We want to create a greener, more resilient city region, but in order to generate a green industrial revolution, we need to ensure our workforce is equipped with the right skills and knowledge.
This is one of the reasons Groundwork Greater Manchester delivers Carbon Literacy to everyone on our training and employment programmes, forming a foundation of climate awareness and action.
But what is Carbon Literacy and why is it important to educate people about a greener future?
In this blog we hear from Groundwork’s Natural Environment Tutor’s, Anastasia Wlaschin-Wiest Angela Smith, to find out a little bit more.
What is Carbon Literacy training?
Carbon Literacy is a one-day training course which focuses on the changes we need to make, at work and at home, in order to prevent global warming increasing beyond 2oC.
The structure is the same for everyone but the content and approach changes for each audience. Here at Groundwork, we have various courses for young people, businesses, and community groups.
Regardless of the audience the structure typically follows this format:
- The basics of the climate science
Here we introduce what greenhouse gases are, where they come from, and what impact this is having on our global temperatures. We also discuss climate justice, and have some activities to get people thinking about how people across the world are impacted differently by climate change.
- Lifestyle choices
Here we look at how lifestyle choices contribute to climate change, and ask people to make a pledge where they commit to changing one of their behaviours that leads to higher emissions.
For example, this could be committing to reducing your meat intake, commuting to work by bike rather than car, or switching to a renewable energy provider.
- Societal changes
Here we look at what changes the government should implement to make sustainable choices an easy option.
This could include things like, switching our entire energy systems to be based on renewables, improving public transport so it is reliable and affordable for all, and providing grants for people to retrofit their homes.
We then ask people to commit to a ‘group pledge’ where they consider a group that they are part of, and think of an action everyone in that group can take to lower their collective carbon footprints.
Why is it important, for young people in particular, to undertake Carbon Literacy training?
It is, unfortunately, the youngest and poorest in our society who will feel the worst impacts of climate change. It is important that young people learn about this topic so they can take ownership of the situation as soon as possible, and push for all the changes that are seriously needed.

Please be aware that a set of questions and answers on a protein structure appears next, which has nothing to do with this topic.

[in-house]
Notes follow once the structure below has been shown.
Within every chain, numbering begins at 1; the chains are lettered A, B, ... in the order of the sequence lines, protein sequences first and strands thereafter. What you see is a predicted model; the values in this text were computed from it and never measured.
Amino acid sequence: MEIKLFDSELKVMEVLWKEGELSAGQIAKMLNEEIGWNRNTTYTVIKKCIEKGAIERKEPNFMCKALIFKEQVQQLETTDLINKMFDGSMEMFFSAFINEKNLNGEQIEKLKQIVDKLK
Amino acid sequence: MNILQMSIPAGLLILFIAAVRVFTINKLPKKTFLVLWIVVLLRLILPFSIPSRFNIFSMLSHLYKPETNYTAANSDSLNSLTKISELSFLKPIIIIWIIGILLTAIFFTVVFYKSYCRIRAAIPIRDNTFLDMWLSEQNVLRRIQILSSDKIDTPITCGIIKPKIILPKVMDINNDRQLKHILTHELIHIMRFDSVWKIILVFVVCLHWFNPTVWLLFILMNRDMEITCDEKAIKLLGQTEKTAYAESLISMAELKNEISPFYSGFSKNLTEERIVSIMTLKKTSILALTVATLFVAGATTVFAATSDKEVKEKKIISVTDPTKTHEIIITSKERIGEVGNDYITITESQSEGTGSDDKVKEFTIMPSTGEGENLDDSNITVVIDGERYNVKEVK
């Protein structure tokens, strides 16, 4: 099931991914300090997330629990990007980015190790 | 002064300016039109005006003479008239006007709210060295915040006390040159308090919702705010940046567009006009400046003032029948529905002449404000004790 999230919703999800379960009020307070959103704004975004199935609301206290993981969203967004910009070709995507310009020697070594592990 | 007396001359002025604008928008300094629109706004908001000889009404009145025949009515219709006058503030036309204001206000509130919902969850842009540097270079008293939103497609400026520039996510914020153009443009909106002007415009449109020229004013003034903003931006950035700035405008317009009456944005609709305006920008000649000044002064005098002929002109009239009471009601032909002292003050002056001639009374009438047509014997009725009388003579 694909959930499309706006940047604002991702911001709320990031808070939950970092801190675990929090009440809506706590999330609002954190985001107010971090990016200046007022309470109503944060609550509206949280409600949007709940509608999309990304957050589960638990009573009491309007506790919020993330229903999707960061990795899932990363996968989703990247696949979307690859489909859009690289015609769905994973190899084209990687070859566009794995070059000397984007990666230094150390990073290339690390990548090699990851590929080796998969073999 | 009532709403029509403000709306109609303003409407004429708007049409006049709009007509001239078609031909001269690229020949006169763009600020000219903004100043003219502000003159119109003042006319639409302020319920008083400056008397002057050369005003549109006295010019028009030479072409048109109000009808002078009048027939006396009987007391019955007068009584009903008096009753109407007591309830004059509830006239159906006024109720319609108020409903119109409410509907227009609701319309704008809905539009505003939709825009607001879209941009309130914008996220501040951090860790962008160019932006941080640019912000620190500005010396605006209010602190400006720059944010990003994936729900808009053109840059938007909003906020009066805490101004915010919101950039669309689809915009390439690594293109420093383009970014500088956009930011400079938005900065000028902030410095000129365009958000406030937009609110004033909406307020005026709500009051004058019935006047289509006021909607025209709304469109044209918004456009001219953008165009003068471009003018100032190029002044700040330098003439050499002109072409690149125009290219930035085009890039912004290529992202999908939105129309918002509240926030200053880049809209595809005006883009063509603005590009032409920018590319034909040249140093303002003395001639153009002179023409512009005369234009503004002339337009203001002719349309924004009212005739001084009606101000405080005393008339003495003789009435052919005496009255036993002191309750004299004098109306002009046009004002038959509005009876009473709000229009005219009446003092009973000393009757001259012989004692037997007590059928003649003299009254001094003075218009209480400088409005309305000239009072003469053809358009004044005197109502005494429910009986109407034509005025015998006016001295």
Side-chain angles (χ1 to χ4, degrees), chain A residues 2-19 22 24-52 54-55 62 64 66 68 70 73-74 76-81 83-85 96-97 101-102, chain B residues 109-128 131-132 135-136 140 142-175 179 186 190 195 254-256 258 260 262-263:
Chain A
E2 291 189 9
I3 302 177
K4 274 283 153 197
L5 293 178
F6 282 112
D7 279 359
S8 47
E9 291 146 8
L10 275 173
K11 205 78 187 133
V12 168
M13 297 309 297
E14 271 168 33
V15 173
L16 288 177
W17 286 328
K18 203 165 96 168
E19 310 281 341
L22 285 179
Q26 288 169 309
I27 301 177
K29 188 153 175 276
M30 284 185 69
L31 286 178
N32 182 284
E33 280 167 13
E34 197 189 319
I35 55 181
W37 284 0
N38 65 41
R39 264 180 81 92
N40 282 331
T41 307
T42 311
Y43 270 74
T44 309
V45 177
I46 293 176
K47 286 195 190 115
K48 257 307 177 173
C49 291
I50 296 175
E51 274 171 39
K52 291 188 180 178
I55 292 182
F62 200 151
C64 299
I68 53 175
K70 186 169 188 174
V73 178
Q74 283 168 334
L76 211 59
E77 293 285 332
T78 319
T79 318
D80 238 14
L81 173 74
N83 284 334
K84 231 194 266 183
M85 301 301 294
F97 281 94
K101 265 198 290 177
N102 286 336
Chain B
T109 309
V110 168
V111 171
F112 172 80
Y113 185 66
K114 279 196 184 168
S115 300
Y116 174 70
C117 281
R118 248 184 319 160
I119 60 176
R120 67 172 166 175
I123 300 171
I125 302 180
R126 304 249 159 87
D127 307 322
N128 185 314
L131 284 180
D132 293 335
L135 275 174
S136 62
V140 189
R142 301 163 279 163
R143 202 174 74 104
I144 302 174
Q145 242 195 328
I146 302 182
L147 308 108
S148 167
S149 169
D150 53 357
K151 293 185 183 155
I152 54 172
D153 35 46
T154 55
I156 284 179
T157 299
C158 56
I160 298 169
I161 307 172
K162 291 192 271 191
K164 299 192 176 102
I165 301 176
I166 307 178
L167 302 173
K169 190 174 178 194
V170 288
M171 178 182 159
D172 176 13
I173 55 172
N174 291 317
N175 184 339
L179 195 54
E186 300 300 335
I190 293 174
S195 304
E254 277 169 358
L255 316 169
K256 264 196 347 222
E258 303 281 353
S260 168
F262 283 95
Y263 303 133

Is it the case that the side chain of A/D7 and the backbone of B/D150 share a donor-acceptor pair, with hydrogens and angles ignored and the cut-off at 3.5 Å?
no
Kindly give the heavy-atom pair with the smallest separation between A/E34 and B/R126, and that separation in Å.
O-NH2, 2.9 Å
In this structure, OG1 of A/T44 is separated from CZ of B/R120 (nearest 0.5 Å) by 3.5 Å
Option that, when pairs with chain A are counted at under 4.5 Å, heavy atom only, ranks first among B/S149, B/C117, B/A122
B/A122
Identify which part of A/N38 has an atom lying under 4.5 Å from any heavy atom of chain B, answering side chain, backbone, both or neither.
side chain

We’re going to see radical changes in the ways businesses operate in the next few years too, with electrification and new legislation effecting all sectors. In the near future, every job will need to be a green job, therefore it’s important that young people are equipped with the skills they need to understand how different employers will be changing what and how they do things as we transition to a low carbon economy. Carbon Literacy training provides an important first building block for this knowledge.
Do young people need climate change training?
Unfortunately, a lot of young people don’t know what needs to happen to prevent climate change, due to this not being embedded across the national curriculum. In addition, many of the young people that we support haven’t necessarily engaged fully within education or they lack positive adult role models to talk to about this. The same inequalities that impact access to education in general, apply to issues around climate change.
Despite these challenges, there is a widespread concern about the climate crisis. We are hopeful that through Carbon Literacy training, young people gain the information they need to a) understand the issue better, and b) feel empowered that they can do something about it.
What changes are people pledging to make after being on the Carbon Literacy course?
Carbon Literacy participants get very enthusiastic about the plethora of ideas for reducing their footprint and how these choices can often save money at the same time. These include:
- Improving recycling habits
- Reducing food waste through composting
- Changing consumer habits, cutting back on ‘fast fashion’
- Changing dietary choices; reducing meat or choosing plant-based alternatives
- Buying more local produce, such as veg boxes
We have had people pledge to take what they learnt in the course and share it with more people. This happens frequently in business courses but also in communities, one young person we taught delivered a presentation at a community centre where he volunteers, cascading a ripple effect of climate knowledge.
What feedback have you received from people who have completed the training?
Here’s a few quotes we’ve received:
“I liked having such a knowledgeable course leader and opportunities to explore topics through group discussion.”
“It never felt like it dragged, the entire time I felt engaged in the topic and learning about the subject. The subject was delivered in a way that encouraged engagement, actively encouraging discussion on the various issues with the topic allowing for that engagement on our part instantly makes the topic easier to learn and to also learn from multiple perspectives.”
“It ended up surprising me in how much I enjoyed and learned.”
As well as delivering Carbon Literacy to our employees and to those people on our employment programmes, Groundwork Greater Manchester deliver the training to local businesses and community groups.
If you would like to find out more about us delivering Carbon Literacy training to you please get in touch.